The Women’s Empowerment Program has evolved since it began in 2018, with elements added to ensure that graduates have all they need to get on in life. “We now work with different local and charity partners doing workshops built around female leadership. We have collaborated with a charity called Resonate, which promotes the confidence to identify personal strengths and goals. We also teach business-orientated skills such as entrepreneurship and financial literacy,” shared Hammond.
Additionally, the program offers sexual health and family planning advice, addressing a historical limitation in Rwanda where access to such information has been limited. They play cricket after the workshops, which engages them further with the course. “You could play a game that teaches contraception even if you are playing cricket. For example, you can compare the safety of the wicket to the protection of your own health.” More than 90% of the women see the benefit of engaging in a sport and want to continue playing after the course. Reflecting on the impact of the course, one 23-year-old participant said, “I realized that I am a leader, I am brave and I can set life goals. The skills I acquired will assist me in approaching financial institutions, connecting with friends and partners and encouraging my peers to embrace courage.”
Another noteworthy initiative is the Yorkshire Tea Program, which advocates for cricket in three isolated Tea Estates located outside Kigali. These estates contribute 15% of the tea sourced by Yorkshire Tea. The program reached its pinnacle with a tournament at Gahanga Stadium, where teams from each estate, involving nearly 200 children, competed. The program has provided more than 1,000 children access to cricket resources and trained about 50 school teachers to become cricket coaches.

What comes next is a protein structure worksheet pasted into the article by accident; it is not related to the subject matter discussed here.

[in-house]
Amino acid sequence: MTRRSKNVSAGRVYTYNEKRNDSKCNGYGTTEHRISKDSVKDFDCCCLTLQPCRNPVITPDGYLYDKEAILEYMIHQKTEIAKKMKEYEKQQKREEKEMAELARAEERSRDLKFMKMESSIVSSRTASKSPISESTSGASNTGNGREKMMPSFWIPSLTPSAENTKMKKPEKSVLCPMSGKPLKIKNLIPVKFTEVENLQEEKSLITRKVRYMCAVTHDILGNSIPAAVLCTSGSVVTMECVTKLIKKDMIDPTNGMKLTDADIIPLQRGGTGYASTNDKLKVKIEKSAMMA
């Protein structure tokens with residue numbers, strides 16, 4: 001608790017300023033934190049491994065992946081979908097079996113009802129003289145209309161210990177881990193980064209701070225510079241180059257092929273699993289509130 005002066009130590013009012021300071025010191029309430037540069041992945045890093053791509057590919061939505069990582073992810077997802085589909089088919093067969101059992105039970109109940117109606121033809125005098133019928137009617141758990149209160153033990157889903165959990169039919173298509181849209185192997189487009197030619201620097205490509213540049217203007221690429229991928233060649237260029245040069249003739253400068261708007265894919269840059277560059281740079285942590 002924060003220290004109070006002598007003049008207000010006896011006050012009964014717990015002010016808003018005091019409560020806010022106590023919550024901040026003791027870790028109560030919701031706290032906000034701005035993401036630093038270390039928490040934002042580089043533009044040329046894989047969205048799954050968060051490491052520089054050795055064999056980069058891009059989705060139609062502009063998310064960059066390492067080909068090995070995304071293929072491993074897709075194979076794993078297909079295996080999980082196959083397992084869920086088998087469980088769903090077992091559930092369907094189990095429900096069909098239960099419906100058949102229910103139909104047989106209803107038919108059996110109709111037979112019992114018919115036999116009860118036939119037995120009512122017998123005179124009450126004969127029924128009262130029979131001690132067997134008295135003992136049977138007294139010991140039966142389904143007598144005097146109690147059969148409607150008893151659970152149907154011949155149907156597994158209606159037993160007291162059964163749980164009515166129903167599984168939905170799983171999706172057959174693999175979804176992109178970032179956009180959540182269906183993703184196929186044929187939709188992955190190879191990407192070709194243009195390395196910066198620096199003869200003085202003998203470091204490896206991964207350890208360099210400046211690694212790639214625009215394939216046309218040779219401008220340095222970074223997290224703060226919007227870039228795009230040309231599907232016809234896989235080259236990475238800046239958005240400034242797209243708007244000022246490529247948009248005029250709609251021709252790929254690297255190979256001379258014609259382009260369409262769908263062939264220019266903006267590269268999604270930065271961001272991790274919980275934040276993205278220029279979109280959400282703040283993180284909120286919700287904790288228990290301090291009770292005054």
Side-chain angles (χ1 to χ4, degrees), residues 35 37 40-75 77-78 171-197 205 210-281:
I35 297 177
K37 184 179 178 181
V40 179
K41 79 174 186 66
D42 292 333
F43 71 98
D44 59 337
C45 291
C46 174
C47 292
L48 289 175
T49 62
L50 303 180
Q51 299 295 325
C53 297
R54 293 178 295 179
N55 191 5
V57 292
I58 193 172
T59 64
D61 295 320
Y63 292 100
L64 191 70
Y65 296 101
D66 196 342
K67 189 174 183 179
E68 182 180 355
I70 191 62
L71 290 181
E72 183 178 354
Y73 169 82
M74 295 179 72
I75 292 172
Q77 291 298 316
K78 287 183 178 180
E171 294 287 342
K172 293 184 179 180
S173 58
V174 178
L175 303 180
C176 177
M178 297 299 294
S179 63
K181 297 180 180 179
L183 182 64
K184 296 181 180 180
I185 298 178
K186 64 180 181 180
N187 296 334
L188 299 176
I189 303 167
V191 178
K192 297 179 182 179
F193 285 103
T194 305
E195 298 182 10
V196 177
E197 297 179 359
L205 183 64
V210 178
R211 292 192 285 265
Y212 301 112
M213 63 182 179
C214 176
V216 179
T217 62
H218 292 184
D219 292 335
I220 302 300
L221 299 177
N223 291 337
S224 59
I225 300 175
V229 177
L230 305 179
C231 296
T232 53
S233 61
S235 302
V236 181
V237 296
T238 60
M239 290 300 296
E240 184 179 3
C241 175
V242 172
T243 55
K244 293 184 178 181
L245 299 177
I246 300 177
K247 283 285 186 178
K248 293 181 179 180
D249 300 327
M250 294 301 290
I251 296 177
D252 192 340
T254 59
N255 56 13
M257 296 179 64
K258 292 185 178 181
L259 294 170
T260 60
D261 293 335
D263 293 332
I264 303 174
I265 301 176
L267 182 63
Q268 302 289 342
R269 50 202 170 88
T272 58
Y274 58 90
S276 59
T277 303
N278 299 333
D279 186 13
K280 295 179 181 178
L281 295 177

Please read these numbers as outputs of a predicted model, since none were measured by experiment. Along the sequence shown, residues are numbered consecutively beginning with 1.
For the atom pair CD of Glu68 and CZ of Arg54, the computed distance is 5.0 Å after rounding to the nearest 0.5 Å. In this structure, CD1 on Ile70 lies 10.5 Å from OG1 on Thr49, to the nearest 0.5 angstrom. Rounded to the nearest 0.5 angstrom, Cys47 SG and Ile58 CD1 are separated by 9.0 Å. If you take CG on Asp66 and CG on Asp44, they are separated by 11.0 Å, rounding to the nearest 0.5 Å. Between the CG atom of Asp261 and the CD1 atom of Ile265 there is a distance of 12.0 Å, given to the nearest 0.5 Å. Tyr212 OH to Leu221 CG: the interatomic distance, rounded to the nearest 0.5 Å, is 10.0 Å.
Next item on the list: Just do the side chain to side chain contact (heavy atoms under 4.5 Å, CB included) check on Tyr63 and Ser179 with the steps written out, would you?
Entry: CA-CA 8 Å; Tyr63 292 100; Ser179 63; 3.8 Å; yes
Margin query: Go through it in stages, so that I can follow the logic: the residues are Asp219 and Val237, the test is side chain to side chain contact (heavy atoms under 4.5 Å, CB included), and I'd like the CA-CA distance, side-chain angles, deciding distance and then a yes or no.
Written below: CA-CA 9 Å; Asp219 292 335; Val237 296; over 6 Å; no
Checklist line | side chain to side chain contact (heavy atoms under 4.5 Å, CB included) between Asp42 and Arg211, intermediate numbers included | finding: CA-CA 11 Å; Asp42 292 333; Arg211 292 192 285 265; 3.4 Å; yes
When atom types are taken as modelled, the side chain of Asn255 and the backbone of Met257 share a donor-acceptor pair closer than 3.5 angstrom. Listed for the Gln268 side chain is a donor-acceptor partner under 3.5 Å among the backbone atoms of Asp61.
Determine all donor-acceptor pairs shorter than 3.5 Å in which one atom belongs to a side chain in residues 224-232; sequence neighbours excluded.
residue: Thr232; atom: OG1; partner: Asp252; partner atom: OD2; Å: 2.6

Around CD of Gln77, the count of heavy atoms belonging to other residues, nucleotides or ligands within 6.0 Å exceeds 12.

Hammond underscored the challenges encountered by individuals residing in rural areas, emphasizing that international development efforts can sometimes be focused on cities even if there is even more of an acute need for support in more rural areas. This highlights the significance of the Yorkshire Tea Programme, which addresses this gap. In the operational areas, organized sports, with their associated advantages, were largely inaccessible to most children and this program successfully brought about a sustainable shift in that landscape.
The charity continues to educate local children through annual summer camps. Hammond explained: “Around 600 children from the local area take part in the month-long camp at the stadium. Our coaches combine cricket workshops with English teaching and other life skills. These camps bring people together. Last year, we had a child with a visual impairment who gave a presentation at the end of the camp to 600 children and their parents about his love for the game. It was brilliant.”
Cricket Builds Hope continues to use the spirit of cricket as an instrument for positive social change. Their ongoing efforts play a crucial role in promoting community cohesion and empowering individuals facing disadvantages in and around Kigali.
– Sapphire Hope